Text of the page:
I am trying to teach myself about the WHT but there dont seem to be many good explanations of it online anywhere. I think I have figured out how to calculate the WHT, but I am really trying to understand why it is considered useful within the image recognition domain.

What is so special about it, and what properties does it bring out in a signal that would not show up on classical Fourier transforms, or other wavelet transforms? Why is it useful for object recognition as pointed out here?

  • $\begingroup$ One application is measurement systems that use Maximum Length Sequences (MLS) as an excitation (e.g. mlssa.com). It's supposed to be faster since no multiplies are required. In practice it's not much of a benefit and the MLS have other problems $\endgroup$
    – Hilmar
    Mar 12, 2012 at 17:03
  • $\begingroup$ @DilipSarwate Why is the WHT useful and/or unique? $\endgroup$
    – Spacey
    Mar 12, 2012 at 23:12

6 Answers 6


NASA used to use the Hadamard transform as a basis for compressing photographs from interplanetary probes during the 1960's and early '70s. Hadamard is a computationally simpler substitute for the Fourier transform, since it requires no multiplication or division operations (all factors are plus or minus one). Multiply and divide operations were extremely time intensive on the small computers used on board those spacecraft, so avoiding them was beneficial both in terms of compute time and energy consumption. But since the development of faster computers incorporating single-cycle multipliers, and perfection of newer algorithms such as the Fast Fourier Transform, as well as the development of JPEG, MPEG, and other image compression, I believe Hadamard has fallen out of use. However, I understand it may be staging a comeback for use in quantum computing. (NASA use is from an old article in NASA Tech Briefs; exact attribution unavailable.)

  • $\begingroup$ Fantastic historical account Mr Peters, thank you for it. Can you expand on what/how you mean that it might be staging a come back in quantum computing? In what way do you allude to it in your post? $\endgroup$
    – Spacey
    Jan 17, 2013 at 21:19
  • $\begingroup$ According to an article in Wikipedia, many quantum algorithms use the Hadamard transform as an initial step, since it maps n qubits to a superposition of all 2n orthogonal states in the quantum basis with equal weight. $\endgroup$ Jan 17, 2013 at 21:23
  • $\begingroup$ Eric, can you provide a link to the wikipedia article you cite? If you do, I can accept your answer. $\endgroup$
    – Spacey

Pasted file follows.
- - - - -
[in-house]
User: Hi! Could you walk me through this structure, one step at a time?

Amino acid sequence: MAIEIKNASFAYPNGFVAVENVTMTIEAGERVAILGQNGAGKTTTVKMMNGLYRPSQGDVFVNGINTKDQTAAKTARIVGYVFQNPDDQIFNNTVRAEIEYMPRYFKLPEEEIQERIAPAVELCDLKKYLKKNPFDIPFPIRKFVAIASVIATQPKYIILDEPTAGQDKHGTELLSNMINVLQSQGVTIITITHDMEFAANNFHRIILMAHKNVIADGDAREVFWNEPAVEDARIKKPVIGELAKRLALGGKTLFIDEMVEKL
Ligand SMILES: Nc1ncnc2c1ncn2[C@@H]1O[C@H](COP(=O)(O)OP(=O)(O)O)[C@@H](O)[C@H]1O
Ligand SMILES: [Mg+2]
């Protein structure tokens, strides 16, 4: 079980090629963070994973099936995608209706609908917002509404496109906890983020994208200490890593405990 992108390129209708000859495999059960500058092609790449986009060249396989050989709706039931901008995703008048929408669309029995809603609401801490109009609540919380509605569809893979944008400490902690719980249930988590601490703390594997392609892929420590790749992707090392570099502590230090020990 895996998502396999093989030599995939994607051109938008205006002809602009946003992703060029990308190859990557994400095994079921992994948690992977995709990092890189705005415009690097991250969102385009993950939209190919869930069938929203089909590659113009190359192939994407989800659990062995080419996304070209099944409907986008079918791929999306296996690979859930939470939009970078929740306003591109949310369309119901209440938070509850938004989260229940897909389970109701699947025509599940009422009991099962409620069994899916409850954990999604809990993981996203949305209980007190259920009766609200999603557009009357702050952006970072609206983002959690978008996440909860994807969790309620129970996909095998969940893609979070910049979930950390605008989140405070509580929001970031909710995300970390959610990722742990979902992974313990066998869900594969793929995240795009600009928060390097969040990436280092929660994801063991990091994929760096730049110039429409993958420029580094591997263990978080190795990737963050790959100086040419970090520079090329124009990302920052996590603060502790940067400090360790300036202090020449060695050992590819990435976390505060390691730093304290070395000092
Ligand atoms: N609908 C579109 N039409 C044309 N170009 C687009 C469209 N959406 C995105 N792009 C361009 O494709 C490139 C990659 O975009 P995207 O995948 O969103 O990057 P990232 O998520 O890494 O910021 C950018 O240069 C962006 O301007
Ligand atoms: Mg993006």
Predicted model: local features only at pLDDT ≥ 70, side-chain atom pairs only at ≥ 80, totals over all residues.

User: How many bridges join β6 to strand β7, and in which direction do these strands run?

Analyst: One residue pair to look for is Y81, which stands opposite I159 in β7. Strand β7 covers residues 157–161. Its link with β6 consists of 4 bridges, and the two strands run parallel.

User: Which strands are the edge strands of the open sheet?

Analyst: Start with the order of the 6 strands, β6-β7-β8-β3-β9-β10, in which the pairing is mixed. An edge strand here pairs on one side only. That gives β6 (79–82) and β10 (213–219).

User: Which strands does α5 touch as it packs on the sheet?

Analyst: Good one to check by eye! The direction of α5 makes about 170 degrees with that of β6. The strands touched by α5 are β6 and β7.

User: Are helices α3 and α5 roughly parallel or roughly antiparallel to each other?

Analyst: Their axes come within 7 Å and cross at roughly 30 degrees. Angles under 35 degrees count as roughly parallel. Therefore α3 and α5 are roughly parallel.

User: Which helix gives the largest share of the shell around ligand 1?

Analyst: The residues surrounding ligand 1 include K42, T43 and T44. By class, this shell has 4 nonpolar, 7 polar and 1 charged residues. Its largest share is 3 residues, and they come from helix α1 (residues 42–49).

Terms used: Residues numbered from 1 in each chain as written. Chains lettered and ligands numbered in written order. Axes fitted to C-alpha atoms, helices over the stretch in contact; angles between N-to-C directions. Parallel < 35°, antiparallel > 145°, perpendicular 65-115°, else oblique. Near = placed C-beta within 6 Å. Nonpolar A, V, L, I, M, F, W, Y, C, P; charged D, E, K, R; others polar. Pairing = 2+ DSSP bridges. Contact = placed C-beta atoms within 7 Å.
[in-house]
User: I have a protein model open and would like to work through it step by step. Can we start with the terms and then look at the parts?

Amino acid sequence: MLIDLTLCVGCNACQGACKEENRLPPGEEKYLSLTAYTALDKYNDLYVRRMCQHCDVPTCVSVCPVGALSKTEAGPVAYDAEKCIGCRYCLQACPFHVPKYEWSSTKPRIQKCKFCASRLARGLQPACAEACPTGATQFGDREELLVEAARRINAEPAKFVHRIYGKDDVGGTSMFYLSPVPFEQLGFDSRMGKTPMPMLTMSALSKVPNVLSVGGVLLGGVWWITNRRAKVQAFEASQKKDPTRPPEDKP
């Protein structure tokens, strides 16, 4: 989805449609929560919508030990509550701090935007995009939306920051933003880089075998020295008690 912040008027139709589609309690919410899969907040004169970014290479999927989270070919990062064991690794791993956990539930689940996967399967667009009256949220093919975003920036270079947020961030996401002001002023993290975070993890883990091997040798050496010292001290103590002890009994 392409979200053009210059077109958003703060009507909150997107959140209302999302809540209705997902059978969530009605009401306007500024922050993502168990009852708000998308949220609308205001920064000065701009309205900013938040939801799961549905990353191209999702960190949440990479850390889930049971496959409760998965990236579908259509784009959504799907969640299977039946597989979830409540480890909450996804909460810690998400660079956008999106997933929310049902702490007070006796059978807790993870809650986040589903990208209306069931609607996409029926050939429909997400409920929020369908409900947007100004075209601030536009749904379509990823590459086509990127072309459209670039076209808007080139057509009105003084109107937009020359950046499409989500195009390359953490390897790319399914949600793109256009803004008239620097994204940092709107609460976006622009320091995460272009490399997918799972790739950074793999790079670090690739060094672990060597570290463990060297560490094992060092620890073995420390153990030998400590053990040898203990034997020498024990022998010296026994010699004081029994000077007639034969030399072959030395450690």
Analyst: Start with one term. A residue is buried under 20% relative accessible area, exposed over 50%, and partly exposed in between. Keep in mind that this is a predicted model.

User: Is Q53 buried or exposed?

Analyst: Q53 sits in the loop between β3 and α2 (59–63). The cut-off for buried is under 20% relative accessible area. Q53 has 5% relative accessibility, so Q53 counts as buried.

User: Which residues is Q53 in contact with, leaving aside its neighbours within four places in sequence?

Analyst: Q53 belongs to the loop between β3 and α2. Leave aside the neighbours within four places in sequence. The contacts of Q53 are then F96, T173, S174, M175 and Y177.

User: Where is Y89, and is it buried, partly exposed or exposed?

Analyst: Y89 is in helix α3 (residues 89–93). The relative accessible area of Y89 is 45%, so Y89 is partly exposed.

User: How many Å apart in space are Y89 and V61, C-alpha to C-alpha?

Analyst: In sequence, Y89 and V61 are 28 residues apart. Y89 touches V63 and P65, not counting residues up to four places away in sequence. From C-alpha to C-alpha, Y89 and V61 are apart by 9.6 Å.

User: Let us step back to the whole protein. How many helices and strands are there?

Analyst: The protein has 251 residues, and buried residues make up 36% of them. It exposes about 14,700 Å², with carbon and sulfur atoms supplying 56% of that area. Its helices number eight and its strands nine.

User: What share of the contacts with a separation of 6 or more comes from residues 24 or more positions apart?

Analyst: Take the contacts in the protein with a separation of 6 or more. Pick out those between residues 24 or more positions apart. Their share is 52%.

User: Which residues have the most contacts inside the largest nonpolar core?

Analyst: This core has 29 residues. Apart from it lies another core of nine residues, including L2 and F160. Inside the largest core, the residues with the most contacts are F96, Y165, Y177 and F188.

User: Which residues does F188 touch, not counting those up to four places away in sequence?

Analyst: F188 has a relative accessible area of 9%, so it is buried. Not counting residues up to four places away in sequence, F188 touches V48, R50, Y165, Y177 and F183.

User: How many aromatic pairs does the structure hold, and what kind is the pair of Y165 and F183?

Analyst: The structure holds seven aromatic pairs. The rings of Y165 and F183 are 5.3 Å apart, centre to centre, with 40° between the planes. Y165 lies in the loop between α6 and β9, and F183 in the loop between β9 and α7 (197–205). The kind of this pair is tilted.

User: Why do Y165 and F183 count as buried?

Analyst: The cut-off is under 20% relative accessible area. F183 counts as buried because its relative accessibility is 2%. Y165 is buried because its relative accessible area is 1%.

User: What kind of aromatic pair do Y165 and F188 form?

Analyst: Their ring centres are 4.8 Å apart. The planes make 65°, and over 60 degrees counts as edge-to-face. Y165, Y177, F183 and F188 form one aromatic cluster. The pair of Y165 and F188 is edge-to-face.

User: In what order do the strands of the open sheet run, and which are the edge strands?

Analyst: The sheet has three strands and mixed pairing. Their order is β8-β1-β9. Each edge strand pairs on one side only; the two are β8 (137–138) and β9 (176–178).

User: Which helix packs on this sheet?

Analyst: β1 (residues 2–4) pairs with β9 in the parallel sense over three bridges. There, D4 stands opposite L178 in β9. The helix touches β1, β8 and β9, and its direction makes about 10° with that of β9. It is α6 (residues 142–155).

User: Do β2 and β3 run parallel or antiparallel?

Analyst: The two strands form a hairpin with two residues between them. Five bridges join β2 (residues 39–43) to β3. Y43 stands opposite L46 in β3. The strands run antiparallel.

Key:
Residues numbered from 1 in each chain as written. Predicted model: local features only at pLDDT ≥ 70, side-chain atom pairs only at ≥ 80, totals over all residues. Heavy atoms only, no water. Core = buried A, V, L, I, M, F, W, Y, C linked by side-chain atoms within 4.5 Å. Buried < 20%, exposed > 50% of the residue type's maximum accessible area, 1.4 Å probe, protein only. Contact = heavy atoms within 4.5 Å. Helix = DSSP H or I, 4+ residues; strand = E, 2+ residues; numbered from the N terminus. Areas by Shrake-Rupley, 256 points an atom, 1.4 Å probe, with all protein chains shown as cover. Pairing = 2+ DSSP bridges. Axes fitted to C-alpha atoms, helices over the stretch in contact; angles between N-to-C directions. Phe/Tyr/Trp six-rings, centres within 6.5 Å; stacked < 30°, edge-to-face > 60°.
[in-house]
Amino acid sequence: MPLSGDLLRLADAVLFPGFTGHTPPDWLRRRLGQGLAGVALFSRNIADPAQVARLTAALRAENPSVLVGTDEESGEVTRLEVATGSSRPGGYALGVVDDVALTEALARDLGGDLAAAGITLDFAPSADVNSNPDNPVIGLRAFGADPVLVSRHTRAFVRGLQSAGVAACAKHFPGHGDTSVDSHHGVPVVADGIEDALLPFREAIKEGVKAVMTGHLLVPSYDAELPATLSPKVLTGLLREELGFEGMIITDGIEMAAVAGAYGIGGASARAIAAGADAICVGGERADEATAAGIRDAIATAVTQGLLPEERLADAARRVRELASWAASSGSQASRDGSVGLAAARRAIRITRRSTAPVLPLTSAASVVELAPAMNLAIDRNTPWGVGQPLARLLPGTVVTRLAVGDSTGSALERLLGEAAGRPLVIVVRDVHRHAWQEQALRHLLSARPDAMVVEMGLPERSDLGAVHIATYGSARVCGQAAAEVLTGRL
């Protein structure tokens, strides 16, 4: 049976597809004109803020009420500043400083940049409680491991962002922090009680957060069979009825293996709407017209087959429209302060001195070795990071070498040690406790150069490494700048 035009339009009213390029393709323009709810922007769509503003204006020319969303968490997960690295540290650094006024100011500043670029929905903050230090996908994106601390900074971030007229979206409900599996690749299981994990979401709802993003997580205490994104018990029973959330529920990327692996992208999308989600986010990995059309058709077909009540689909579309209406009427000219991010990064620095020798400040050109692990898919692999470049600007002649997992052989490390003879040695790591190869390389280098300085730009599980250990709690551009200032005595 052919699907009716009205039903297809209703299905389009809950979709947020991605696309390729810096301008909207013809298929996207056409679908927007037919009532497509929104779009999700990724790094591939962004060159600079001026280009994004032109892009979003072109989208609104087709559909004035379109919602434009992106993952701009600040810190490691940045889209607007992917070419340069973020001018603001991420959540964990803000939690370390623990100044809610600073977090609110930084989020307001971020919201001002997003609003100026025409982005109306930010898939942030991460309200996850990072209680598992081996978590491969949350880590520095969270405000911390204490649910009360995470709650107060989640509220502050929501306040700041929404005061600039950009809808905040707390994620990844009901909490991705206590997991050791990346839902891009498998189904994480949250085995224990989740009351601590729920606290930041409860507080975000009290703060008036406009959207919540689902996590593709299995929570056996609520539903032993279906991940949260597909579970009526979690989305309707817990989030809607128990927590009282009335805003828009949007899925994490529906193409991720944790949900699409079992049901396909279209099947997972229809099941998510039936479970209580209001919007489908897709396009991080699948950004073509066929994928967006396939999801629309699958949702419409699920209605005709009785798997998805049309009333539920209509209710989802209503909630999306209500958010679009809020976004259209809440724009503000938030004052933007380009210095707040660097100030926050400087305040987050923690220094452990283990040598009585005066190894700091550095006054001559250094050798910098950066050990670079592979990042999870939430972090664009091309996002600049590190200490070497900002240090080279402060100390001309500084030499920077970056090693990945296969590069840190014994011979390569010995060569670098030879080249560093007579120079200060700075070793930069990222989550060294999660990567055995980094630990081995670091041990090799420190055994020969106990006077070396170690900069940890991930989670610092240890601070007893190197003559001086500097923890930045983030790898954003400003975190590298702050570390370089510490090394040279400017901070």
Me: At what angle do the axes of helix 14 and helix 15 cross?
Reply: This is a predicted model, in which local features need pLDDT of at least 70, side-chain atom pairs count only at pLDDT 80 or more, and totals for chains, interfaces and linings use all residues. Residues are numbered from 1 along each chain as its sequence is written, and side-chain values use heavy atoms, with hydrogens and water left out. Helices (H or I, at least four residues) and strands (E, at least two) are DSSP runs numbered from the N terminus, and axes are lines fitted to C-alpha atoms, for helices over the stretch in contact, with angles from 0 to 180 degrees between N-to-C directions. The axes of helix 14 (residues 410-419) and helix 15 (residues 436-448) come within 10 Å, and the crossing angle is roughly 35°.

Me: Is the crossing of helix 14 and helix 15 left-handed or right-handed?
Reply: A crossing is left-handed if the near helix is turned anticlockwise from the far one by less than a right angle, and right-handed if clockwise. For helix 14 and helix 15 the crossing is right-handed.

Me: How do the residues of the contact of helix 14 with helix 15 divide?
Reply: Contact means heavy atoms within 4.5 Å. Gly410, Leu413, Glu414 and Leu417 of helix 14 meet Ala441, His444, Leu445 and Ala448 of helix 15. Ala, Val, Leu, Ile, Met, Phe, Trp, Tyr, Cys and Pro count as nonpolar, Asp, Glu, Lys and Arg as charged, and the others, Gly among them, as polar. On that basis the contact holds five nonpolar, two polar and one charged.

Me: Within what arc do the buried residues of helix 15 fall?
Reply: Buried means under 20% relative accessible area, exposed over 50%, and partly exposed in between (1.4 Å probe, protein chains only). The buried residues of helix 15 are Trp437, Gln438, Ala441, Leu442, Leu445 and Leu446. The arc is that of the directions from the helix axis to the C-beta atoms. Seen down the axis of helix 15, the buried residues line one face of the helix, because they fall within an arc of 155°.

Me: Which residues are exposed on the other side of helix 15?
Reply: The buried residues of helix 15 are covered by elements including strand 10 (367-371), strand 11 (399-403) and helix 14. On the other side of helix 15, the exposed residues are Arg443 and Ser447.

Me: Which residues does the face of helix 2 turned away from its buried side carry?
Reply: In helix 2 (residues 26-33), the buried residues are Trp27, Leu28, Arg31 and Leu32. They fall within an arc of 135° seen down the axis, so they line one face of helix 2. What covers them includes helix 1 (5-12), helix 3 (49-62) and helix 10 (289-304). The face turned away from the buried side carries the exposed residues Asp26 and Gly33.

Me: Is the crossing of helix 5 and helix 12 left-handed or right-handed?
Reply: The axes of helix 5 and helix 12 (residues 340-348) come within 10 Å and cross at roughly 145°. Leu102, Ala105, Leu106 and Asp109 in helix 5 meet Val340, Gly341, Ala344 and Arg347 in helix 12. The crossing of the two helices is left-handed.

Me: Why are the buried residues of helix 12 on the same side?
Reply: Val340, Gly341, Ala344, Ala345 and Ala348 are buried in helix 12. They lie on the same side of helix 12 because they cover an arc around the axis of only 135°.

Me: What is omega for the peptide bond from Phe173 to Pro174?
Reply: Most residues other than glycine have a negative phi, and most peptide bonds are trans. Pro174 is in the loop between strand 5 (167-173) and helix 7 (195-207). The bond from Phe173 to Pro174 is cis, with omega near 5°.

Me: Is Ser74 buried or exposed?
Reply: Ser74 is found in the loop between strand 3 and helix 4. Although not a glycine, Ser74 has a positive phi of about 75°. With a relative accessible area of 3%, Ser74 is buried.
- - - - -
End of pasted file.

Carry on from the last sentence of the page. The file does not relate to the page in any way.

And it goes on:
Jan 17, 2013 at 22:15
  • $\begingroup$ Surely. It is en.wikipedia.org/wiki/Hadamard_transform $\endgroup$ Jan 18, 2013 at 0:02
  • $\begingroup$ Eric, I thought it was another source you were referring to. Never mine. :-) $\endgroup$
    – Spacey
    Jan 18, 2013 at 0:05

The coefficients of the Hadamard transform are all +1 or -1. The Fast Hadamard Transform can therefor be reduced to addition and subtraction operations (no division or multiply). This allows the use of simpler hardware to calculate the transform.

So hardware cost or speed may be the desirable aspect of the Hadamard transform.

  • 2
    $\begingroup$ Thanks for the answer but I would like to understand the transform please? I dont care right now about fast-implementation. What is this transform? Why is it useful? What insight does it give us VS other wavelet transforms? $\endgroup$
    – Spacey
    Mar 12, 2012 at 15:41

Take a look at this paper if you have access, I've pasted the abstract here Pratt, W.K.; Kane, J.; Andrews, H.C.; , "Hadamard transform image coding," Proceedings of the IEEE , vol.57, no.1, pp. 58- 68, Jan. 1969 doi: 10.1109/PROC.1969.6869 URL: http://ieeexplore.ieee.org/stamp/stamp.jsp?tp=&arnumber=1448799&isnumber=31116

Abstract The introduction of the fast Fourier transform algorithm has led to the development of the Fourier transform image coding technique whereby the two-dimensional Fourier transform of an image is transmitted over a channel rather than the image itself. This devlopement has further led to a related image coding technique in which an image is transformed by a Hadamard matrix operator. The Hadamard matrix is a square array of plus and minus ones whose rows and columns are orthogonal to one another. A high-speed computational algorithm, similar to the fast Fourier transform algorithm, which performs the Hadamard transformation has been developed. Since only real number additions and subtractions are required with the Hadamard transform, an order of magnitude speed advantage is possible compared to the complex number Fourier transform. Transmitting the Hadamard transform of an image rather than the spatial representation of the image provides a potential toleration to channel errors and the possibility of reduced bandwidth transmission.